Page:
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What you need to know about Facebook before its debut



By Dian Vujovich

My, oh my, wouldn’t it be sweet to be one of the thousands who are either working for or have worked for Facebook and lucky enough to have some kind of stake in it.

But if that’s not the case and you happen to be one of the zillions of investors hoping to get their hot little mitts on some of the company’s IPO —it’s expected out within the next three or four months–read on.

According to Nicholas Carlson, an investment pro who provides commentary to The Daily Ticker, Google’s IPO in 2004 made many people rich but Facebook’s offering will kick things up a few notches: “It’s a monument to capitalism,” Carlson says. “A thousand millionaires overnight.”

And who says the economy isn’t looking up?

Being an educated investor is the best one can be no matter what future promises or opportunities look like. On that note, here are some of the basics behind this company that boasts nearly 845 million users—a figure that’s nearly three times America’s total population.

Data here is from hubspot.com after their review of Facebook’s S-1 Registration Statement filled with the SEC:

• At the end of 2011, Facebook had 3,200 employees—a 50% increase from 2010.

•Also as of December 2011, Facebook had 845 million monthly active users worldwide and 483 million daily active users worldwide. Mobile accounts made up half of Facebook’s user base at approximately 425 million active monthly users.

•There were 100 billion friend connections on Facebook as of the end of 2011. In Q4 of 2011, there were 2.7 billion likes and comments per day; 250 million photos uploaded every day; and more than 100 quadrillion bytes of photos and video were shared.

• Facebook is available in more than 70 different languages; has a penetration rate of greater than 80% in countries such as Chile, Turkey, and Venezuela; a 60% penetration rate in the United States and United Kingdom; in countries like Brazil, Germany, and India, penetration rates are estimated at 20-30%;. Japan, Russia, and South Korea have penetration rates of less than 15%; and Facebook is restricted in China resulting in a 0% penetration rate.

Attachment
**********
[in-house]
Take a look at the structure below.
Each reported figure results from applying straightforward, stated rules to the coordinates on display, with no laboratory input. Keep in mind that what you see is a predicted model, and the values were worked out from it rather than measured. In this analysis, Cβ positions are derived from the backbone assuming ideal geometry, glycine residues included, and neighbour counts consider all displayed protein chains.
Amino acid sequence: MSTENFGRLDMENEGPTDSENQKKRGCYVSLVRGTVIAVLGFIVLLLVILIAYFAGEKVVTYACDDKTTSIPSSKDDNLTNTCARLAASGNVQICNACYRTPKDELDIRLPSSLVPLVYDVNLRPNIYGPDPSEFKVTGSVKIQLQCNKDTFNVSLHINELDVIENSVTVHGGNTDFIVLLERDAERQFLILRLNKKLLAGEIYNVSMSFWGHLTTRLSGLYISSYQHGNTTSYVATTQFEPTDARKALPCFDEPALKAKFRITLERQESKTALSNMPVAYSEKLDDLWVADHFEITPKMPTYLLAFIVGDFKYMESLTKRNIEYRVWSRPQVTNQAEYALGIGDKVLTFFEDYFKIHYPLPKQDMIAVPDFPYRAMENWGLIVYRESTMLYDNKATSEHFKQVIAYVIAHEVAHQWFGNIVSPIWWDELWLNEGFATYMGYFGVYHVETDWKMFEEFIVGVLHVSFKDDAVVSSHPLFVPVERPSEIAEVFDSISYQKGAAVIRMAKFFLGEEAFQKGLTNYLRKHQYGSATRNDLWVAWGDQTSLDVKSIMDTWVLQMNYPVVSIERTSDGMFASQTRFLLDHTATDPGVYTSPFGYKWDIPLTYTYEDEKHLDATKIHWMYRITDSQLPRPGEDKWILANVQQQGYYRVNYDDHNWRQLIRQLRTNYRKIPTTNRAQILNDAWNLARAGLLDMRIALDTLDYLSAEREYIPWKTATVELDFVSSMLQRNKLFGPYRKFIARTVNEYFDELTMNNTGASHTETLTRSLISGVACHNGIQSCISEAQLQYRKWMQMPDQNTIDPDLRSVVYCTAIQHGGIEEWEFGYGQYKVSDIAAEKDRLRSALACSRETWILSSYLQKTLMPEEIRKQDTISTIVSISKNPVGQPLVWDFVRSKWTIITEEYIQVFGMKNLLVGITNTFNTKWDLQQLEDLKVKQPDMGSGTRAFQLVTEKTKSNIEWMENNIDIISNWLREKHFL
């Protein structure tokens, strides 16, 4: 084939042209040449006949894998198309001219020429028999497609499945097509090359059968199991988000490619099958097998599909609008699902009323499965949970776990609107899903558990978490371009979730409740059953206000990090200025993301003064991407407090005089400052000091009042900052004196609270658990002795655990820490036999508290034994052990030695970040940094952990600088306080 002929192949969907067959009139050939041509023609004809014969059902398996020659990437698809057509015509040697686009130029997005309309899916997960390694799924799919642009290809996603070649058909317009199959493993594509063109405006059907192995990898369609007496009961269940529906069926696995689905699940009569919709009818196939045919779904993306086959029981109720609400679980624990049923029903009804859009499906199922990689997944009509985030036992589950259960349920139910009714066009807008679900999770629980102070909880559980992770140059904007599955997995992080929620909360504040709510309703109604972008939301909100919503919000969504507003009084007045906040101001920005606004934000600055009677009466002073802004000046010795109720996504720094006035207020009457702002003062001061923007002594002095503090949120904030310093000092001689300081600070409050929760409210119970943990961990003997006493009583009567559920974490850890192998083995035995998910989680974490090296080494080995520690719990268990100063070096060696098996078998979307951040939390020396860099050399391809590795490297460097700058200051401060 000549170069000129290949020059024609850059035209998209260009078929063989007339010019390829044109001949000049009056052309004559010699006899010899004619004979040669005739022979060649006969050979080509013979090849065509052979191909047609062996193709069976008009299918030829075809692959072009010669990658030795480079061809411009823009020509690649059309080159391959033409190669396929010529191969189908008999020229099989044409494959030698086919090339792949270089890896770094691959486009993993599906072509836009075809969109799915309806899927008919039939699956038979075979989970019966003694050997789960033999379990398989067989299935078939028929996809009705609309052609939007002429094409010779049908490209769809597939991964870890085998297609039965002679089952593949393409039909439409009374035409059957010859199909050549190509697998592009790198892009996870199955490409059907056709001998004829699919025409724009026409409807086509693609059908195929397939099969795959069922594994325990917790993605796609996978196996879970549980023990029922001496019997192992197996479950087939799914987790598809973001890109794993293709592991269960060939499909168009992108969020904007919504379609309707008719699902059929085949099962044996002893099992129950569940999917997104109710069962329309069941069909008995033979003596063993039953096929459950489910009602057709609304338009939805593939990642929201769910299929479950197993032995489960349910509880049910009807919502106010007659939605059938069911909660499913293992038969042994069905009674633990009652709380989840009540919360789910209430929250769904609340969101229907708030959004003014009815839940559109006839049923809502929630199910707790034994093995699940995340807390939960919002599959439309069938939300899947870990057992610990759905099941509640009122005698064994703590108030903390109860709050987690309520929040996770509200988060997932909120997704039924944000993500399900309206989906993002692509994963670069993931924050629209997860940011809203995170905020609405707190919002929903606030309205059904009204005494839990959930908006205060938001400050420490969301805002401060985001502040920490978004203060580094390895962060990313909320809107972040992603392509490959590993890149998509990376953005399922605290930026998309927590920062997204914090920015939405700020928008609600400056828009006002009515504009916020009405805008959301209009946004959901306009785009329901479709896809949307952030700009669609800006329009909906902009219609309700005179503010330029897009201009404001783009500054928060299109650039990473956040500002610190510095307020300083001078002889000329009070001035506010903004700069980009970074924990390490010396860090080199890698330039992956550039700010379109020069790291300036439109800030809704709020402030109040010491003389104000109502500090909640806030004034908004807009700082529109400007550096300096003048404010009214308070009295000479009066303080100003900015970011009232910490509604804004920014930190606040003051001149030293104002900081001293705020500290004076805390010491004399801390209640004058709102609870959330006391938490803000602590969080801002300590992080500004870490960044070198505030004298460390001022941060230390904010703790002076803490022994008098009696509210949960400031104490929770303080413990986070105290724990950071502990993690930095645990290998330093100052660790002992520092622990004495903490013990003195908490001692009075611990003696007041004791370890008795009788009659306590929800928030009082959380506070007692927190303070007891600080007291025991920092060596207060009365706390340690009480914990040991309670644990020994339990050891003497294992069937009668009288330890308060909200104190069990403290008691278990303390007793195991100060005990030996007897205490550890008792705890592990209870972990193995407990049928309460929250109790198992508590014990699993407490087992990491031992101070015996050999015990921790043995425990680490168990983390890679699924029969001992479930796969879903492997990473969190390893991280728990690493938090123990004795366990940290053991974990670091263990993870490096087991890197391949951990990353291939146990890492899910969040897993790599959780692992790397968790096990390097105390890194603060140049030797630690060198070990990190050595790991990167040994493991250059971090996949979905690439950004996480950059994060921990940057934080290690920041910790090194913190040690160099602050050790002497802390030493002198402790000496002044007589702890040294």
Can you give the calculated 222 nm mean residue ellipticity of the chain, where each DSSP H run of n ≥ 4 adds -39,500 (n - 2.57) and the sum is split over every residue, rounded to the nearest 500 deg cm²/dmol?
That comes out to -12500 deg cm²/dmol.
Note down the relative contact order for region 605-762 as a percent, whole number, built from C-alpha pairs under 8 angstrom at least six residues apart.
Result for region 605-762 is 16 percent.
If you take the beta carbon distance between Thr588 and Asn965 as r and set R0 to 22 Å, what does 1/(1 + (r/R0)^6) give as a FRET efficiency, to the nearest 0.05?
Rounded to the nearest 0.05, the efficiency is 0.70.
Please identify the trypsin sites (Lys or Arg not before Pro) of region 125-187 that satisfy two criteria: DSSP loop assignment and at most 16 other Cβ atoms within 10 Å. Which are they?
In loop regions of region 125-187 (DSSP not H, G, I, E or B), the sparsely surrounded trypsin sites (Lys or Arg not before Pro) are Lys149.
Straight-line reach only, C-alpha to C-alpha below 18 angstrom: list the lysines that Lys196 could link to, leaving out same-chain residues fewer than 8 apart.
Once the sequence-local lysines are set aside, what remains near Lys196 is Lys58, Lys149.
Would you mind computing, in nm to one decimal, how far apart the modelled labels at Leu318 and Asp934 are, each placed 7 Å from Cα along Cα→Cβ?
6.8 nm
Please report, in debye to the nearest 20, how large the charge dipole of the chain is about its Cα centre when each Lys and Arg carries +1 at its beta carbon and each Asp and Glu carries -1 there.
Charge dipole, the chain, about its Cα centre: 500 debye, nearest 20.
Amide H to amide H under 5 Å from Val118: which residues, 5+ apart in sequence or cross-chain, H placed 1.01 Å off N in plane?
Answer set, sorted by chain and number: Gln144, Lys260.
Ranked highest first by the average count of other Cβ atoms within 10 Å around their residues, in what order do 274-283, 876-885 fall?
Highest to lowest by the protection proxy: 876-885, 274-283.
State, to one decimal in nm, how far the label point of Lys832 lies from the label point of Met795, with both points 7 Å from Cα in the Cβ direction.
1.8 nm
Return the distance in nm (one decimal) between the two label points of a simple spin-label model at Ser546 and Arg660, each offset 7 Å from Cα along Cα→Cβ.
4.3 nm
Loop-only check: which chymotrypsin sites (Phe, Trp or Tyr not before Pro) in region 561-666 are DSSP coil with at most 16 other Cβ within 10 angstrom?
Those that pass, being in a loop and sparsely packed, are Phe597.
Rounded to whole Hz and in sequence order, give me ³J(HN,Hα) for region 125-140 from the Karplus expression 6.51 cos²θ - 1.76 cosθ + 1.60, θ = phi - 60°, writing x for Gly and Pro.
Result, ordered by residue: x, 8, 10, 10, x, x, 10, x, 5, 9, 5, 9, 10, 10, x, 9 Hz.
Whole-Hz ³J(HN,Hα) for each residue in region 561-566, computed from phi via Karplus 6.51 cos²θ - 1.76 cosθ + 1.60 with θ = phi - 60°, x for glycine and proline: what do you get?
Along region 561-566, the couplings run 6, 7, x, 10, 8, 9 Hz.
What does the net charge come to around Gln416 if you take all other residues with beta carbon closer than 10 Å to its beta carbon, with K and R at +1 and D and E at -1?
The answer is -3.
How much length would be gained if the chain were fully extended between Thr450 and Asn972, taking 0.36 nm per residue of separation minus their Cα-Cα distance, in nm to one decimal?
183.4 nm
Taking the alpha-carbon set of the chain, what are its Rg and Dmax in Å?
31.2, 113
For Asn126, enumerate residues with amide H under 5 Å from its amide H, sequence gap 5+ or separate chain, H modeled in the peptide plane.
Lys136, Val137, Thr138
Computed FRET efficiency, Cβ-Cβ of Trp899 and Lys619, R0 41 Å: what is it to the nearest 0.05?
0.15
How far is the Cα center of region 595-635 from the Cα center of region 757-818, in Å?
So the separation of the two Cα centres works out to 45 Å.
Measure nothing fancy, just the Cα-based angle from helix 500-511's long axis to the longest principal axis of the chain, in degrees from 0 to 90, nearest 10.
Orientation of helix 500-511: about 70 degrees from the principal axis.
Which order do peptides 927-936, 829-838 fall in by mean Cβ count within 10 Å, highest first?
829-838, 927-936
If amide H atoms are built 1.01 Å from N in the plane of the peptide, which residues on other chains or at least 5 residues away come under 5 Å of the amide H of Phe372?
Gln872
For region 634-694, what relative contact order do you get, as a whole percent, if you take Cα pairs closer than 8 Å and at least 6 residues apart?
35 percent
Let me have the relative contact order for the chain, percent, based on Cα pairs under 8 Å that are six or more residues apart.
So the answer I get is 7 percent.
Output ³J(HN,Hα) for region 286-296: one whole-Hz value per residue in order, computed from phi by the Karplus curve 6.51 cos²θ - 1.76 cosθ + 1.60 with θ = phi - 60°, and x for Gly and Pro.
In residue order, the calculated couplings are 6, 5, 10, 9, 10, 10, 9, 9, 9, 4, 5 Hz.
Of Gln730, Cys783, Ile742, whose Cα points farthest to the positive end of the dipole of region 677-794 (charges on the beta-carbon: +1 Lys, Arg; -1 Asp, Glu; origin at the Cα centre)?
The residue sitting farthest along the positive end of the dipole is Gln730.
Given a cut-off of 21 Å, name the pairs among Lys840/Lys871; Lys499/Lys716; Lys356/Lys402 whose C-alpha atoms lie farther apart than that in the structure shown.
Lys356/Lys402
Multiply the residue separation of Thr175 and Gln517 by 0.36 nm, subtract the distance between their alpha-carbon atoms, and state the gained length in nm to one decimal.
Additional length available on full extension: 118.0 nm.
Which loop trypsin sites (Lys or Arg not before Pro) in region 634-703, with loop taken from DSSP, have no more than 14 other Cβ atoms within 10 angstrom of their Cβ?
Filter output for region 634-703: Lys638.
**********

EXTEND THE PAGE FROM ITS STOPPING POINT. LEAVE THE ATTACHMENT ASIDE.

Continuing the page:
•Facebook has only been profitable for the last three years. But in 2011, they earned a profit of $1 billion—more than Google and Zynga when they IPO’d.

•In 2011, Facebook reported $3.7 billion in revenue, 88% more than the $1.97 billion they reported in 2010. But the percentage of growth year over year is shrinking. Annual revenue growth from 2009 to 2010 was 154% and 85% of revenues come from advertising.

•Marketing and sales expenses increased $243 million in 2011, or 132% compared to 2010. The increase was primarily due to payroll and benefits expense increases because of their 46% increase in headcount.

•In 2011, diluted pro forma per share profits were 43 cents a share and share-based compensation expense increased from $2 million in 2010 to $43 million in 2011. Facebook did not grant any stock options in 2011.

Knowing that, is Facebook a good bet? We’ll see, but, one has to begin to wonder if there isn’t a bubble about to burst somewhere in the not too distant future.


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